STOLEN POPUP!!

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LNicoleAdler

New Member
Apr 30, 2019
7
Do you have the VIN written down somewhere? That and a license plate can make a difference if someone stumbles on it.
Since we never expected this to happen (and frankly, because we're inexperienced trailer owners) we never wrote down our VIN or license plate. In fact, the DMV even sent our title to the wrong address so we don't even have a physical copy of that either. It's a huge mess.
 

LNicoleAdler

New Member
Apr 30, 2019
7
I feel your pain, we had a travel trailer stolen that we had furnished as a home away from home.
Police found it trashed in a chop shop lot.
This is exactly what I'm afraid of. I already know all of the new home goods, cookware, keepsakes inside will be all gone. And since PUPs are so tricky to put up unless you know what you're doing that I'm sure its going to be broken too.
 

LNicoleAdler

New Member
Apr 30, 2019
7
I'm so sorry, I hope you are able to get it back or at least get it covered by the landlord's insurance. I'm no lawyer, but my common sense says they should cover it if you were paying to store it there.

This is exactly why every state should require a title for every trailer, regardless of the weight. There are too many places a thief could take this, register it as their own and get tags. They are always supposed to have the trailer on site (if no title,) where the DMV worker is supposed to walk outside and check the VIN, but I know for a fact this doesn't always happen.
We DO have a title for it, just not a paper copy. But it is registered in our name at the DMV.
 

Fixitup

Active Member
Jun 7, 2016
425
How are they less than honnest? OP chose not to insure an insurable loss, and stored it on someone else's property. The landlord's insurance policy would not cover it because it does not belong to him ( you don't insure other's personal property under your policy, but your own). Exceptions are say if you were operating said vehicle in the course of your business, such as a garage or rv dealer, but then only while it is being used. Just parked doesn't count.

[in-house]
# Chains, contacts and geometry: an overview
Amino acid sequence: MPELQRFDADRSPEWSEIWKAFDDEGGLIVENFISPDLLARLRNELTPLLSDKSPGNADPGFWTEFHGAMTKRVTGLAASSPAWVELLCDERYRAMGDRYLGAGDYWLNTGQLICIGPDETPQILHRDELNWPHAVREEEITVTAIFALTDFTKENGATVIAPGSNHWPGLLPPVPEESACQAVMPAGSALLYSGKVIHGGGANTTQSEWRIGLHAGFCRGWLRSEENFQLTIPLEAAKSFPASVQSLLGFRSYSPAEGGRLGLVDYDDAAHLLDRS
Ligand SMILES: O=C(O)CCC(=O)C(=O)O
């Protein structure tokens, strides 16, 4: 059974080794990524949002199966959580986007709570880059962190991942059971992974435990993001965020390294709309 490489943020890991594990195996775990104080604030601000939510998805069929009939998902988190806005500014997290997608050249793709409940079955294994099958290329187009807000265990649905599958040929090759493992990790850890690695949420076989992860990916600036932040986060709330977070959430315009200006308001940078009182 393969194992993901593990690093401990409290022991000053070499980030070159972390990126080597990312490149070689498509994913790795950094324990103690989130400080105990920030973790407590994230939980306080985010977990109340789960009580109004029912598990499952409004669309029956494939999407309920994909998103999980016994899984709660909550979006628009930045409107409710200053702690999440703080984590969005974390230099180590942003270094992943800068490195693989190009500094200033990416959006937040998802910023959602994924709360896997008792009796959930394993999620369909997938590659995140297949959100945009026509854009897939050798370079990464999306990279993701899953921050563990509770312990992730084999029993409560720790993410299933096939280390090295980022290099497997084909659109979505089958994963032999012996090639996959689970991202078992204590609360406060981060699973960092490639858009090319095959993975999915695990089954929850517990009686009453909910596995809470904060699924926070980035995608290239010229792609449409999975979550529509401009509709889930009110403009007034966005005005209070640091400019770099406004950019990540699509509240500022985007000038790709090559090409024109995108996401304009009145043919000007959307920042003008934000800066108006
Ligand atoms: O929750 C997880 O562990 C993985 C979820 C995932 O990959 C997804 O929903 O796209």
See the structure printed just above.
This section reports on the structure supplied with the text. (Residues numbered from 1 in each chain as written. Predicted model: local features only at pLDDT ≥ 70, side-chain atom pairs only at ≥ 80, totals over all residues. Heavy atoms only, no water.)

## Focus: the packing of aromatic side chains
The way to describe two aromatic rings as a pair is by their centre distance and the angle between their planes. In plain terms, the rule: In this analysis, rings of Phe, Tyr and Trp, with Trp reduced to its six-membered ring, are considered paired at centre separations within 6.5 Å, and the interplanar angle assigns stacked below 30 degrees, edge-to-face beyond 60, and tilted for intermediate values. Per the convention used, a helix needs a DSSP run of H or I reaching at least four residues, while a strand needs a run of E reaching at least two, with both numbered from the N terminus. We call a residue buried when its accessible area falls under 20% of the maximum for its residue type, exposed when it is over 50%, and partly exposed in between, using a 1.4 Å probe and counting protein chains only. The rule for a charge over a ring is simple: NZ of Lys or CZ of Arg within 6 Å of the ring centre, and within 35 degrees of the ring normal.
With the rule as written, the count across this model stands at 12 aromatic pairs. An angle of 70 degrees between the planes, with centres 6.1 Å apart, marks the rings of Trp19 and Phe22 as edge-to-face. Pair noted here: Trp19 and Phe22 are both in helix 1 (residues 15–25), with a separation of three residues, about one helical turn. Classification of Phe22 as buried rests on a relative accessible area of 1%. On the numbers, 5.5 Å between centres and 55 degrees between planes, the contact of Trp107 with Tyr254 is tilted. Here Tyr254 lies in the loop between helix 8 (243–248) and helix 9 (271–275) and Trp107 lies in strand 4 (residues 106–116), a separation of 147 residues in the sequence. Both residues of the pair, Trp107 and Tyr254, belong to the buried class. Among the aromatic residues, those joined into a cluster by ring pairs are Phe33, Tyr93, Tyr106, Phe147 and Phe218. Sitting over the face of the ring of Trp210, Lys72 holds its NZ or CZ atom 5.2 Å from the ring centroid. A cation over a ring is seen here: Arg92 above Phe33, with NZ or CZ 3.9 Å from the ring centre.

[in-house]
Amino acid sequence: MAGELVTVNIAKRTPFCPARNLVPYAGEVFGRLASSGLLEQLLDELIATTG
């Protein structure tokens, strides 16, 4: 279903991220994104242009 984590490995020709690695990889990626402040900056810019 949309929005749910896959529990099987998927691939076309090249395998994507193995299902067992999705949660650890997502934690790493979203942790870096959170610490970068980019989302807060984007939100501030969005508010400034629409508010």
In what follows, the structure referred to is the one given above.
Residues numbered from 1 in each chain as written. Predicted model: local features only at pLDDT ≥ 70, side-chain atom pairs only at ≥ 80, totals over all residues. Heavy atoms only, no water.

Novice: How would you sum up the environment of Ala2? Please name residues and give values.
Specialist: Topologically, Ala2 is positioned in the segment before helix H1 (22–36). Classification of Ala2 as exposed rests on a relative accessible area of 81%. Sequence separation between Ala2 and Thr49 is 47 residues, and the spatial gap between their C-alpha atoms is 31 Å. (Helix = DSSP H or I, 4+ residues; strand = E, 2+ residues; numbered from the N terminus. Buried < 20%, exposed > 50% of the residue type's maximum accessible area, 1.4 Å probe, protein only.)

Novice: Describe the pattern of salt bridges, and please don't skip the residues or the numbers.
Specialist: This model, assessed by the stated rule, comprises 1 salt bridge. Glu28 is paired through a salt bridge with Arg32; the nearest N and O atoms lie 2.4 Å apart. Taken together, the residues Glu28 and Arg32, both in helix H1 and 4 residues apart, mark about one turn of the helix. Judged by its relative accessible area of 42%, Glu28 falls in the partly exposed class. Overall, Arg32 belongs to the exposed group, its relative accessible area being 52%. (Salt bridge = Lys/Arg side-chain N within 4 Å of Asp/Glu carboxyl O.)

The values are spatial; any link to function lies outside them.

Sounds like the landlord took reasonable precautions, such as gating and locking his lot. There is no liability suit here. Perhaps a civil suit, but then that has nothing to do with insurance, and you'll still have to prove neglect. The judge will likely just tell you that you should have insured it, because that's what a reasonable person would do with a 3 year old camper.

X3. I'm sorry for your loss. It all boils down to your lack of insurance on camper. Why should your lack of doing so become someone else's problem? Don't waste taxpayers $ in court for your lack of not insuring the camper.
 

Blackripley

Active Member
Jul 21, 2018
218
Goleta Ca
Since we never expected this to happen (and frankly, because we're inexperienced trailer owners) we never wrote down our VIN or license plate. In fact, the DMV even sent our title to the wrong address so we don't even have a physical copy of that either. It's a huge mess.

I would bet if you look through all of your photos you will find one where you can read the plate number in it. A quick (well not so quick) trip to DMV will get you a copy of all of you paperwork. Wherever you took delivery of it will also have a copy of the VIN on file.
Suing your landlord is a rabbit hole I would not want to fall into. It would be very hard to prove neglect, and will only end up damaging your relationship.
Don't give up looking for it, if they do find it you are going to need paperwork to prove it is yours.
 

Balthisar

Active Member
Jun 26, 2018
327
Plymouth, MI USA
There is no liability suit here. Perhaps a civil suit, but then that has nothing to do with insurance, and you'll still have to prove neglect. The judge will likely just tell you that you should have insured it, because that's what a reasonable person would do with a 3 year old camper.

A liability suit is a civil suit. That's why I mentioned a "friendly" lawsuit against the landlord. The landlord's insurance will pay for his defense (that's why insurance always has personal liability coverage), and if the landlord is proven liable, his insurance will pay the settlement. That's the theory, and why I suggested talking to a lawyer.
 

tzmartin

Not here for a long time but here for a good time!
Sep 9, 2015
1,387
Clayton, Georgia
Perhaps posting a picture and description in local campgrounds? Drive a few local campgrounds on the weekend to see if there's a match?
 

NMroamer

Super Active Member
Apr 21, 2016
998
Albuquerque NM
All these living room lawyer's are hilarious.
No storage lot is responsible for any loss.
They just provide a space to store your vehicle.
Went to storage lots all over Albuquerque with that question.
 

JWeible

Active Member
May 11, 2015
120
Sorry this happened. However, as the owner, it’s your responsibility to insure your property. If you had a vehicle that you chose not to insure get stolen would you expect someone else to cover it?
I hope you find your PUP.
 

tzmartin

Not here for a long time but here for a good time!
Sep 9, 2015
1,387
Clayton, Georgia
I've often wondered if i could hide an old iphone and connect it to the 12V charger and when the thief plugs up his electricity I could "find my Friend". I know the phone would need a chip and service, but could there be a cheap phone that you could track some other way?
 

xxxapache

Super Active Member
Jul 30, 2008
4,277